Background: Many neonatal observational pain assessment tools are available. Their application in clinical settings, however, has been limited. A further difficulty for decision makers may be to choose among the variety of available tools the appropriate one(s) for their patients. Aims of the present study were (1) to compare two commonly cited neonatal pain assessment tools, the Neonatal Facial Coding System-Revised (NFCS-R) and the Children and Infant's Postoperative Pain Scale (CHIPPS), with regard to their psychometric qualities and (2) to explore intuitive clinicians' ratings by relating them to the tools' items.

Methods: Three coders applied both pain assessment tools to videos of 44 neonates who were videotaped while undergoing a painful and a stressful procedure. Clinicians rated the pain neonates experienced on a numerical rating scale. Analyses of variances and regression analyses were used to investigate whether tools could discriminate between the procedures and whether tools' items were predictors of intuitive clinicians' ratings.

Results: Interrater reliability, internal consistency and relative convergent validity were high for both assessment tools. Both tools discriminated between painful and stressful situations equally well. Roughly one third of variance in clinicians' intuitive ratings could be explained by items of each tool, however, no single item was found to be a significant predictor.

Conclusions: Both pain assessment tools performed equally well regarding psychometric comparisons. Therefore, clinical utility needs to be considered when having to choose. Possibilities of improvement for both tools were identified. Cues clinicians base their intuitive pain judgements need to be further investigated.

Significance: Psychometric comparisons of neonatal assessment tools provide useful information that can help health care professionals to choose among tools and researchers to improve them. Both tools compared here performed psychometrically equally well. Their clinical utility, however, can be improved, for example by providing a manual (CHIPPS) and training opportunities.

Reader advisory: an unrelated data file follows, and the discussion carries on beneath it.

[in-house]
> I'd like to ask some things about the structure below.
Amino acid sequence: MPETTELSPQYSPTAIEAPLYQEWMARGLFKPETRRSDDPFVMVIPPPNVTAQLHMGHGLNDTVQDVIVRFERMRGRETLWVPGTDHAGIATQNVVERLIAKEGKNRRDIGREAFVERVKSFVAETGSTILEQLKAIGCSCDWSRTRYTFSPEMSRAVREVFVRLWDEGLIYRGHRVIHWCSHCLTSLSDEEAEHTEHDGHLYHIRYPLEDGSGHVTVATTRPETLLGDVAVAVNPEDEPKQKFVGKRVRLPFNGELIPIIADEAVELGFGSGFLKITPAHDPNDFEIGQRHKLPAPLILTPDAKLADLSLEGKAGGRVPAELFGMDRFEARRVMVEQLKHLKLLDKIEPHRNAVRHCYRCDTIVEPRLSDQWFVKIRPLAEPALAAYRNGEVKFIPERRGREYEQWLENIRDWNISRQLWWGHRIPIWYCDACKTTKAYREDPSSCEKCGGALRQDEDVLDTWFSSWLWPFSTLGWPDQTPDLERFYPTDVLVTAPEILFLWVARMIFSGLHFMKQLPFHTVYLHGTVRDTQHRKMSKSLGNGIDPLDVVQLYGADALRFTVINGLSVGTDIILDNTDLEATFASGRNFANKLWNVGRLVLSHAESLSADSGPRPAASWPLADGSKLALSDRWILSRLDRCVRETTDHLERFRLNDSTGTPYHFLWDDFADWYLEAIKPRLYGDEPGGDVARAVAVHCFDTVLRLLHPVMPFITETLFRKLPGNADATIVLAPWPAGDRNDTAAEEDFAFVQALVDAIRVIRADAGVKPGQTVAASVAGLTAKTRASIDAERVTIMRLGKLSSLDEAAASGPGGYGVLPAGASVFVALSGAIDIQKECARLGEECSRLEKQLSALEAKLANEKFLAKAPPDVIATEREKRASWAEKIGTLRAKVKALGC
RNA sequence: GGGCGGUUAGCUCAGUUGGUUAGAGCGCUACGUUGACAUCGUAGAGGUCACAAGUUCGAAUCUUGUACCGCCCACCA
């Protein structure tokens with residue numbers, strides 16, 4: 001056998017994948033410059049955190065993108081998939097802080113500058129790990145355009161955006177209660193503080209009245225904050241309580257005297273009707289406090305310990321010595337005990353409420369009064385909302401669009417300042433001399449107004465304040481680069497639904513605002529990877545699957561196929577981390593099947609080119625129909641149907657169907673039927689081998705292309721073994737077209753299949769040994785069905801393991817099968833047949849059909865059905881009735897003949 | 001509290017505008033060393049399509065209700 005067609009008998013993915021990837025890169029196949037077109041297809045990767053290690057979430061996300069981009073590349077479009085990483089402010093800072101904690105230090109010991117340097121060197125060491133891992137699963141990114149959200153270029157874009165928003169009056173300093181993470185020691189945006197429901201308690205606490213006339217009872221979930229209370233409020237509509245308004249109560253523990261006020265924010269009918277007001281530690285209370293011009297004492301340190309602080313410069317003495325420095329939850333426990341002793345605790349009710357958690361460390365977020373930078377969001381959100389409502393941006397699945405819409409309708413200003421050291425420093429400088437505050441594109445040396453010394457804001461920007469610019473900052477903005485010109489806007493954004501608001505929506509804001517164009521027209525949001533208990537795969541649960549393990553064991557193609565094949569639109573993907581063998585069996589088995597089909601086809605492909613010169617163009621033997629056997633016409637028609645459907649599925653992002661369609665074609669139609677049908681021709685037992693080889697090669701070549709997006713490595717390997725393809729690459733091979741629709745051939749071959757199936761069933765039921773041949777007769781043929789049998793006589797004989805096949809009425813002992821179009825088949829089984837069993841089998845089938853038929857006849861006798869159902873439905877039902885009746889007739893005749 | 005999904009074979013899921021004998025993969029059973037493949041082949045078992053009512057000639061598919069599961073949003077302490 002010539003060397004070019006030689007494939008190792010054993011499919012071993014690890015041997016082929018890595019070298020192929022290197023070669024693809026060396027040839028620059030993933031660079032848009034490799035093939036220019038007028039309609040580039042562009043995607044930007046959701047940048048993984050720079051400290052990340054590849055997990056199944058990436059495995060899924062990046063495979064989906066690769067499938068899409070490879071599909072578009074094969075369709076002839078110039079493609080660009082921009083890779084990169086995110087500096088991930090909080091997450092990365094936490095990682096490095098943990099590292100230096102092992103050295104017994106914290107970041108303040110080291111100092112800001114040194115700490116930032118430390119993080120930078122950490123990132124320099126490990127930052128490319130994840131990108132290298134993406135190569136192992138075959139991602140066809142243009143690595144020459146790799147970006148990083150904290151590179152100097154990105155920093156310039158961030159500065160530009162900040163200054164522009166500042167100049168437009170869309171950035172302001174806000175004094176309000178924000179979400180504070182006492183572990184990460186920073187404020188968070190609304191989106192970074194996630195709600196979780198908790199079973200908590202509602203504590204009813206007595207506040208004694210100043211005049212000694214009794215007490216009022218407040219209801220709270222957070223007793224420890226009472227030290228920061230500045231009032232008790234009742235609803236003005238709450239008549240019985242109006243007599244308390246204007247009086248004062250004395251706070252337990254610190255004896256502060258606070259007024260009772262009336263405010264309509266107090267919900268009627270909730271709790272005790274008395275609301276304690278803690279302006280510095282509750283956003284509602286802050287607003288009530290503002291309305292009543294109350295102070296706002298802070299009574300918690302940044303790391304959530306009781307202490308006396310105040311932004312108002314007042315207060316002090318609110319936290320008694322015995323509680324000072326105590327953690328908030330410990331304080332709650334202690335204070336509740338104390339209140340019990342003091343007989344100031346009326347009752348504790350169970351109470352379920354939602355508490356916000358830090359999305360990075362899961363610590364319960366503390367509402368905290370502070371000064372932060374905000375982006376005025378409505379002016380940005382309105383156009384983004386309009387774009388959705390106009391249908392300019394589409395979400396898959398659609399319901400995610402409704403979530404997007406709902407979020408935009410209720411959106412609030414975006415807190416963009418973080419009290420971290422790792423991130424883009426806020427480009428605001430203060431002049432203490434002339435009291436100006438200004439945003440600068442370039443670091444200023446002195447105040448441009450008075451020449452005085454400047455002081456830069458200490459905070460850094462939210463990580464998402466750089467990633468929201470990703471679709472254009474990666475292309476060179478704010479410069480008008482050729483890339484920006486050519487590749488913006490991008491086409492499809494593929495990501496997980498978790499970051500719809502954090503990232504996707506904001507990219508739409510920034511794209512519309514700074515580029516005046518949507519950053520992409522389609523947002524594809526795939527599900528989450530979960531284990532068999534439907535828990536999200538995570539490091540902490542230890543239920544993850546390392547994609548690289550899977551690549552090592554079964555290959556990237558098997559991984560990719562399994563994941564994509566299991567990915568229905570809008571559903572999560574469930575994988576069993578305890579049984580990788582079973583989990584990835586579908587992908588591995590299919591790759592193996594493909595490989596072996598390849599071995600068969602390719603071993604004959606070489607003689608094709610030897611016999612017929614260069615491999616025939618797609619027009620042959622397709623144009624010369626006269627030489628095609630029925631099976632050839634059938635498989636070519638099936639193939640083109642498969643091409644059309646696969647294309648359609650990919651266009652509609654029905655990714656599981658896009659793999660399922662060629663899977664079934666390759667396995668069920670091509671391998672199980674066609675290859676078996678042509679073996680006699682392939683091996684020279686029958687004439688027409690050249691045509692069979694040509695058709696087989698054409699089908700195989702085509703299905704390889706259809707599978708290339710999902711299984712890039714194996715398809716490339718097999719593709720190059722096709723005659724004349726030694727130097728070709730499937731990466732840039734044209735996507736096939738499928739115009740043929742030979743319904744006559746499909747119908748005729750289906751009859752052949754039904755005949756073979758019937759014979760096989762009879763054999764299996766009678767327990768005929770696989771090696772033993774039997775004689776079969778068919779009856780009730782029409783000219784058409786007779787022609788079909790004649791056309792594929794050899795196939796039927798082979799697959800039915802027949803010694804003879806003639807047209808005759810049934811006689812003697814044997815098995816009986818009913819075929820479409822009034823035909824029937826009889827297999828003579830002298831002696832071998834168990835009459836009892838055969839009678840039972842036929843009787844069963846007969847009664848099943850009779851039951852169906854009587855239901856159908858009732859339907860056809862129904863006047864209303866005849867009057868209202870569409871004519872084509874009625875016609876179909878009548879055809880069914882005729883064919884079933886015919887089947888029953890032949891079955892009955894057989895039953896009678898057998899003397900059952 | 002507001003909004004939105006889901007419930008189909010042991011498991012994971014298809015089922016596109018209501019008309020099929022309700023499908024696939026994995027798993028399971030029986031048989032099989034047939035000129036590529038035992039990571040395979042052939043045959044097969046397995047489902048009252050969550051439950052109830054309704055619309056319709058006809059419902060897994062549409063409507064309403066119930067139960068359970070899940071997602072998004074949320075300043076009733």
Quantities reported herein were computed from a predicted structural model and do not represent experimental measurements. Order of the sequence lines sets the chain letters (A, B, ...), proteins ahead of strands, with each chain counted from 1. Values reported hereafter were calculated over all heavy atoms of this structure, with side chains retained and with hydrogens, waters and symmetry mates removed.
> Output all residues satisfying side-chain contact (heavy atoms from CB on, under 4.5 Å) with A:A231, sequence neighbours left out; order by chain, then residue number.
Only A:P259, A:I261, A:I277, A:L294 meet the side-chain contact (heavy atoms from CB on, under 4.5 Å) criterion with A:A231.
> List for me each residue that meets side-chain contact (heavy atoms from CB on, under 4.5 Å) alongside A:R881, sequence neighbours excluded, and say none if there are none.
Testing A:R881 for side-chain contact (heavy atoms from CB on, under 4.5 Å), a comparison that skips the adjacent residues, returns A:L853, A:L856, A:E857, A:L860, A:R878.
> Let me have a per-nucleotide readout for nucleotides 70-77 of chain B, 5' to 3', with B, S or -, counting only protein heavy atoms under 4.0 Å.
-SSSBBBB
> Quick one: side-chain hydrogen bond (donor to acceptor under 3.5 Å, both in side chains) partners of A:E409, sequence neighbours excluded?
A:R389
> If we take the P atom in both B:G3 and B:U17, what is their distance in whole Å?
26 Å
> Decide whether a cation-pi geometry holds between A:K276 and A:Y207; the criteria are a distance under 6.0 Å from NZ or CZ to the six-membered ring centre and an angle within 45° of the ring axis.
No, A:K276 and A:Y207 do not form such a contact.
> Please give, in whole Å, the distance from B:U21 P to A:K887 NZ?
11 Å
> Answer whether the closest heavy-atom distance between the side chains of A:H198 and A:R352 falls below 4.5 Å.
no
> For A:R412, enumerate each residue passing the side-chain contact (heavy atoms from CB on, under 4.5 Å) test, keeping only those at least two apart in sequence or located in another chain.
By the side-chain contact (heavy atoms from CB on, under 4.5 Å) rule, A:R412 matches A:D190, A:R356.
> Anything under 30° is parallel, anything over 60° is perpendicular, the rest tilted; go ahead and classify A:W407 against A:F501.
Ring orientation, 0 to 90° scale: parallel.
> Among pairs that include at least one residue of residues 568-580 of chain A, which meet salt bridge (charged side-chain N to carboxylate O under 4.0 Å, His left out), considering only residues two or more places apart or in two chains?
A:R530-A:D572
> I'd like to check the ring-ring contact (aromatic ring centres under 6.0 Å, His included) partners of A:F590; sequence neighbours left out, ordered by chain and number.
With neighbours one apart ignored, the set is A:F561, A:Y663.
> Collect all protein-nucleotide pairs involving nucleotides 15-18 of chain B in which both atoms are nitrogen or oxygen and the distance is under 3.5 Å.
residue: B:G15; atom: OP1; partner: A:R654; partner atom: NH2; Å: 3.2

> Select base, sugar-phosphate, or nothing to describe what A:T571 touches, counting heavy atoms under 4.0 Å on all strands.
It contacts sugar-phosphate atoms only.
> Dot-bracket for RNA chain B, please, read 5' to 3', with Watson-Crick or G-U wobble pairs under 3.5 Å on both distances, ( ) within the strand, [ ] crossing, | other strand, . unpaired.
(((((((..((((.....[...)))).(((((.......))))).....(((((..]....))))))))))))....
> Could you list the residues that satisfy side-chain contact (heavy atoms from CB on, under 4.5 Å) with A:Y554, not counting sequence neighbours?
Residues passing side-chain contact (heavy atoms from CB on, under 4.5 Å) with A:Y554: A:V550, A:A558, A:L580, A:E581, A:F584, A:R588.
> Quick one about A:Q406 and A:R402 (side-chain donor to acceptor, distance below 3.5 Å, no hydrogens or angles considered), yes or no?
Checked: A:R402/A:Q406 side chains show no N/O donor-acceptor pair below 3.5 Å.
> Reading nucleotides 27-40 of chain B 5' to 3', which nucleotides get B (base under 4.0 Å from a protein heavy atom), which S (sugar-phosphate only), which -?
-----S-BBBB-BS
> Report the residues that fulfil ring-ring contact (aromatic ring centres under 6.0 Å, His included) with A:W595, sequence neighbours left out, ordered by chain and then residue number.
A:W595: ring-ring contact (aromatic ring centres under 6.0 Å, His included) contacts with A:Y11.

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http://dx.doi.org/10.1002/ejp.1338DOI Listing
April 2019

Pain-specific Reactions or Indicators of a General Stress Response?: Investigating the Discriminant Validity of 5 Well-established Neonatal Pain Assessment Tools.

Clin J Pain 2019 02;35(2):101-110

Department of Clinical Psychology, Justus-Liebig-University Giessen.

Objectives: There are many neonatal pain assessment tools available. However, systematic psychometric comparisons between tools are lacking, particularly those comparing tools regarding their ability to differentiate between pain and stressful procedures. The aim of the present study was to compare 5 widely used neonatal pain assessment tools: Neonatal Facial Coding System-Revised, Premature Infant Pain Profile-Revised, Neonatal Pain, Agitation and Sedation Scale, Neonatal Infant Pain Scale, and Bernese Pain Scale Neonates.

Materials And Methods: Two coders applied all pain assessment tools to videos of 42 neonates who were videotaped during a pain and a stressful procedure.

Results: Interrater reliability and relative convergent validity were high and internal consistency good to excellent for all 5 assessment tools. All tools discriminated between painful and stressful events. Tools differed regarding their overall effect sizes as well as their items' effect sizes. Behavioral items tended to have larger effect sizes than physiological ones. Yet, effect sizes of items from one behavioral category differed greatly, which may be due to different operationalization of coding schemes.

Discussion: Given that the tools investigated in the present study appear to be fairly comparable psychometrically. Aspects of their clinical utility are discussed and ways of improvement identified.
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http://dx.doi.org/10.1097/AJP.0000000000000660DOI Listing
February 2019

An international road map to improve pain assessment in people with impaired cognition: the development of the Pain Assessment in Impaired Cognition (PAIC) meta-tool.

BMC Neurol 2014 Dec 10;14:229. Epub 2014 Dec 10.

Department of Physiological Psychology, University of Bamberg, Bamberg, Germany.

Background: Pain is common in people with dementia, yet identification is challenging. A number of pain assessment tools exist, utilizing observation of pain-related behaviours, vocalizations and facial expressions. Whilst they have been developed robustly, these often lack sufficient evidence of psychometric properties, like reliability, face and construct validity, responsiveness and usability, and are not internationally implemented. The EU-COST initiative "Pain in impaired cognition, especially dementia" aims to combine the expertise of clinicians and researchers to address this important issue by building on previous research in the area, identifying existing pain assessment tools for dementia, and developing consensus for items for a new universal meta-tool for use in research and clinical settings. This paper reports on the initial phase of this collaboration task.